Technically, the title of this story by Anton Chekhov usually carries the indefinite article rather than the definite, thus making it a story about “A Malefactor” rather than “The Malefactor.” Since there are only two major characters at play, what seems of little significance may actually be everything needed for a proper interpretation. The first appearance of the story was in the summer of 1885 in the Peterburgskaya Gazeta and it carried the seemingly superfluous subtitle “A Little Scene.”
Indeed, whether titled “A Malefactor” or “The Malefactor” and whether carrying the subtitle or not, the result at first seems surprisingly light and sketchy compared to the usually precise construction of Chekhovian short fiction. Consisting almost entirely of dialogue, the story essentially is the record of a court transcript in which a Russian peasant stands before a magistrate to answer charges against him of committing an injurious act to the railroad. The injury in question is nothing greater than the removal of a nut unscrewed from its position within the track. The Chekhovian magic that transforms what seems to be very little raw material from which to fashion anything worth reading is in characterization and it is worth remembering that in addition to being a short story writer, Chekhov is considered by many to be Russia’s greatest playwright.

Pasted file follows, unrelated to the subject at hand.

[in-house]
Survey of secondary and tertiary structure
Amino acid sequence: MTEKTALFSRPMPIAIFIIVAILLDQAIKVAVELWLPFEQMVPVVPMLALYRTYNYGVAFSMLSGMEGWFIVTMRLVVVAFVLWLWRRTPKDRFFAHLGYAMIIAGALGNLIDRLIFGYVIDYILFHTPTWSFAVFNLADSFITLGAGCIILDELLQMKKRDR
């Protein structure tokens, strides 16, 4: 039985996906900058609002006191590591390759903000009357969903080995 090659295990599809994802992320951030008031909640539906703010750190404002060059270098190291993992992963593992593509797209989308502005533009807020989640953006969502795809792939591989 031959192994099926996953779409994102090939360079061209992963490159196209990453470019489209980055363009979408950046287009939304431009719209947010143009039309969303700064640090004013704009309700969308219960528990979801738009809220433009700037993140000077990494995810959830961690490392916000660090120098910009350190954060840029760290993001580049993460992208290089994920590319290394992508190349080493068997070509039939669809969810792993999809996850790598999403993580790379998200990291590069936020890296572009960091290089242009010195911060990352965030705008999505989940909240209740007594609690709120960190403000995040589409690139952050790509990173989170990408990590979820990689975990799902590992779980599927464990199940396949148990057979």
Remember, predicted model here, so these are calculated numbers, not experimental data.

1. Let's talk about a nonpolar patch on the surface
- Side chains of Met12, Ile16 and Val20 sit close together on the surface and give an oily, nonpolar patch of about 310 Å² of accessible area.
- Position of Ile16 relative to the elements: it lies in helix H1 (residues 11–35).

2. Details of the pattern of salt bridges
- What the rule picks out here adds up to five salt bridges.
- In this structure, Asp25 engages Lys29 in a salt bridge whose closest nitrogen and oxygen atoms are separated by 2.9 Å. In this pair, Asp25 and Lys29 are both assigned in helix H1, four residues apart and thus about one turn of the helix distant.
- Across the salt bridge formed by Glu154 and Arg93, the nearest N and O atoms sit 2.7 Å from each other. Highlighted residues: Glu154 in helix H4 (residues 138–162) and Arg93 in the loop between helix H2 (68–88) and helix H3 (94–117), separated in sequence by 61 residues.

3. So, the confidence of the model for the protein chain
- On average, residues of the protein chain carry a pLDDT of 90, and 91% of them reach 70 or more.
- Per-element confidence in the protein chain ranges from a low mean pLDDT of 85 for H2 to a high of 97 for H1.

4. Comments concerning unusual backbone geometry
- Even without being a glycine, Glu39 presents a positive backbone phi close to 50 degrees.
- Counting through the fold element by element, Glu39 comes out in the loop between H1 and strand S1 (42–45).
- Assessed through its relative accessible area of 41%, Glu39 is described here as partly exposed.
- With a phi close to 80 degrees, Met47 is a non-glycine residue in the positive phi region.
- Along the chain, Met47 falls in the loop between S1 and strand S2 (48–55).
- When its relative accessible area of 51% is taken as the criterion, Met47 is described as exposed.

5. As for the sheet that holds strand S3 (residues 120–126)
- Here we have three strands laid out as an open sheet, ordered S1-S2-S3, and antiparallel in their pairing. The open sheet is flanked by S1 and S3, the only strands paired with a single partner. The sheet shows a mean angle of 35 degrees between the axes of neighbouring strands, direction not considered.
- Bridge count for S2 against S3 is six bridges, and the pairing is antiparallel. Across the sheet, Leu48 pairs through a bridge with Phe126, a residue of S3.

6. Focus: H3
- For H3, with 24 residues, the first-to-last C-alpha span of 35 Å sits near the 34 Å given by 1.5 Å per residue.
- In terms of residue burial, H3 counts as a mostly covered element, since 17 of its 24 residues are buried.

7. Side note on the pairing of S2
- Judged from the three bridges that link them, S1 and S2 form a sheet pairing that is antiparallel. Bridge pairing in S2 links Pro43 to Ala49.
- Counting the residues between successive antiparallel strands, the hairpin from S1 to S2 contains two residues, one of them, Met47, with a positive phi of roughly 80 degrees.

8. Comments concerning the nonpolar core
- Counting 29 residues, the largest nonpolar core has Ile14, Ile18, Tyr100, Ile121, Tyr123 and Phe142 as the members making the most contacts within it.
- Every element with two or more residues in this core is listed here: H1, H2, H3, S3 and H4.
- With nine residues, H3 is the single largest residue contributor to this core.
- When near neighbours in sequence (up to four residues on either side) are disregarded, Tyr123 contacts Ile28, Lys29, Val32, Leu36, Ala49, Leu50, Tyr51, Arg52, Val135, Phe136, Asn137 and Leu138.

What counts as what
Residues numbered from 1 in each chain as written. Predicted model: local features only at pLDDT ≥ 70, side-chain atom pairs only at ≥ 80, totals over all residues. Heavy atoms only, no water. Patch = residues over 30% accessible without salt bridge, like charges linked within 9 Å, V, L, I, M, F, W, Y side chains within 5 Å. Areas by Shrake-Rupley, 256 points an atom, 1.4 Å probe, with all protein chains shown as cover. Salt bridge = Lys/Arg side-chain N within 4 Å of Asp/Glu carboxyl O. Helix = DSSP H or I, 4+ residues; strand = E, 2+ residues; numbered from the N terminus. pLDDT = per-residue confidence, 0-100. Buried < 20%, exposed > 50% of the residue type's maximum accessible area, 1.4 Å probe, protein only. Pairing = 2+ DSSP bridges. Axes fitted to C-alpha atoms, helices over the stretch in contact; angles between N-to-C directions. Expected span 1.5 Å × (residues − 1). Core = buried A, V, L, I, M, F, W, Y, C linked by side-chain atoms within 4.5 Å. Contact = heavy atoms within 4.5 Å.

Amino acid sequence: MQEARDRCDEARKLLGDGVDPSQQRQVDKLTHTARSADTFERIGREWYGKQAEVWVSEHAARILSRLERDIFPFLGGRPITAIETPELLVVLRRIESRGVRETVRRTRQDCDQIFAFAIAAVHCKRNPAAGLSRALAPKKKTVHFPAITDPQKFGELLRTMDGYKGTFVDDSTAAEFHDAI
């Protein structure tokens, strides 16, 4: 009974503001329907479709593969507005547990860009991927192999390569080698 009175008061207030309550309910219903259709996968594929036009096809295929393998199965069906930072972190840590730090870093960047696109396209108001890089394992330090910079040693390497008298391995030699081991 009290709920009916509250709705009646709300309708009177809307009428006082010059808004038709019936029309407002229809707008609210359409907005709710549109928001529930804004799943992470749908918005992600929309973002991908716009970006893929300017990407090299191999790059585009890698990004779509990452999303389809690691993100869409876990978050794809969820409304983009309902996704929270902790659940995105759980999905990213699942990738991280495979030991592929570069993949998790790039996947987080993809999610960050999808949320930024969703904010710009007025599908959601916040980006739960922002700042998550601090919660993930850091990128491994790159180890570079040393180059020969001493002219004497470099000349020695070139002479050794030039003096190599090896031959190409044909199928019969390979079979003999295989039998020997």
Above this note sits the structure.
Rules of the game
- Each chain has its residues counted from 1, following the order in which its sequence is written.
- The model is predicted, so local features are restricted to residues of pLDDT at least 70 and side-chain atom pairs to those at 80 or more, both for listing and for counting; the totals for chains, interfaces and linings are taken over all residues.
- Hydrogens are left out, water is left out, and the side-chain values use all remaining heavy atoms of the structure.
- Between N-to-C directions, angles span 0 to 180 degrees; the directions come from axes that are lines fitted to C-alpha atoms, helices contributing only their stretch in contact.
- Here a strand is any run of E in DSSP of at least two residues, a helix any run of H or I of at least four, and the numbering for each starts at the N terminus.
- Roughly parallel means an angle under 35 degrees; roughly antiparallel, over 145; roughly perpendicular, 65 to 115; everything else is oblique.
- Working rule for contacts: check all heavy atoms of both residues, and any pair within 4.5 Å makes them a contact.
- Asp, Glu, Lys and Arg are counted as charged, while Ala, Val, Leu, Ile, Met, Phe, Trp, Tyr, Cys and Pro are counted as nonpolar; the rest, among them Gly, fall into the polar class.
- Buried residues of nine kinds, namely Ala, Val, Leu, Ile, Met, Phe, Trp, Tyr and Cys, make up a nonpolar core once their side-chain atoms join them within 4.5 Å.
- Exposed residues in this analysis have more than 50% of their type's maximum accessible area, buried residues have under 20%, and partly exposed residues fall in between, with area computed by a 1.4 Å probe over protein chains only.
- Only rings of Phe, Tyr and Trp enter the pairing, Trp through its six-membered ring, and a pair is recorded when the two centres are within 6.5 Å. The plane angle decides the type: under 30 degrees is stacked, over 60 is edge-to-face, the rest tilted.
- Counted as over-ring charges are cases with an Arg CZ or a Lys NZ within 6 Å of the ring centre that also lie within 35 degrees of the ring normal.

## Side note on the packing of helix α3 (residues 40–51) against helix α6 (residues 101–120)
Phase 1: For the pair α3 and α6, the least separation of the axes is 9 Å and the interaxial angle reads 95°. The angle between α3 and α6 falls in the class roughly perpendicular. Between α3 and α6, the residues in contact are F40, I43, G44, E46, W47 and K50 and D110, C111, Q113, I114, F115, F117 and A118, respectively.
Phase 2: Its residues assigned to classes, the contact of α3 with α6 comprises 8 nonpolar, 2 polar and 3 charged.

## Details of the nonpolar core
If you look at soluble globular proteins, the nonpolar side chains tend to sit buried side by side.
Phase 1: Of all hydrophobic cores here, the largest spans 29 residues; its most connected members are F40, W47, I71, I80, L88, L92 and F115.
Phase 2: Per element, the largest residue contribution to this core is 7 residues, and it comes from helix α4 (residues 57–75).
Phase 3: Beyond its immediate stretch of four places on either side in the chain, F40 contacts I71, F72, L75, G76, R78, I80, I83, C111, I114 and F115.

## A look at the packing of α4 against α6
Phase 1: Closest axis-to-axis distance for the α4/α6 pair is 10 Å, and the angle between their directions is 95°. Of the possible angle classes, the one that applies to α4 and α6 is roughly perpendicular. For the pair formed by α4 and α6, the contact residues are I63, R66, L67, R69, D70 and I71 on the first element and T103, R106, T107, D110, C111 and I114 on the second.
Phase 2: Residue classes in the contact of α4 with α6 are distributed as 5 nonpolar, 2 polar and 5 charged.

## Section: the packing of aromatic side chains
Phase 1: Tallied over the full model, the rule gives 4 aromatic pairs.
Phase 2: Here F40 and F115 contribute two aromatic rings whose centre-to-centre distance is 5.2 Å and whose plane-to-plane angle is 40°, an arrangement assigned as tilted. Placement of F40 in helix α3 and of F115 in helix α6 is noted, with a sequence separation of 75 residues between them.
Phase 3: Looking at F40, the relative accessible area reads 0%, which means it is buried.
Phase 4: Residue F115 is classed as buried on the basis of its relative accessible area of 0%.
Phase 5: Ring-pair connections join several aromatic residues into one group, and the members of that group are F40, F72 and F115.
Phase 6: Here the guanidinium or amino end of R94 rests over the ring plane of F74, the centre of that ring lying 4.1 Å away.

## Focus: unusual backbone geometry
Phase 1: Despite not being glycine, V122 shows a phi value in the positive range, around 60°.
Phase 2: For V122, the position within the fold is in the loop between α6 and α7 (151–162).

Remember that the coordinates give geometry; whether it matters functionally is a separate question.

The peasant seems pleasant enough as he starts to explain that he unscrewed the nut in order to use it as a weight for fishing, but the magistrate seems almost on the verge of mania from the beginning as he insults the peasant’s intelligence and makes clear that he doesn’t believe the man’s story about the fishing weight as his real motivation.
By the end, that initial reservation about perhaps not being as full-bodied as the typical Chekhov short story has disappeared. Taking what seems like some sort of Russian vaudeville comedy routine as his foundation, Chekhov examines themes related to social inequity, suspicion on the part of the authoritarian class to the motives of the peasantry and the ever-present danger of how a simple clash of cultures can lead to misunderstanding that threaten the very livelihood of the underprivileged. That the story speaks straightforwardly on these universal themes is made manifest by it being widely reprinted in other countries in translations of almost every Eastern European language as well as Germany and English.
A year after its initial publication, “A Malefactor” was included in the author’s first collection of short fiction, Motley Stories. Later, Leo Tolstoy would single out the story as the finest example of the essence of the art of Chekhov.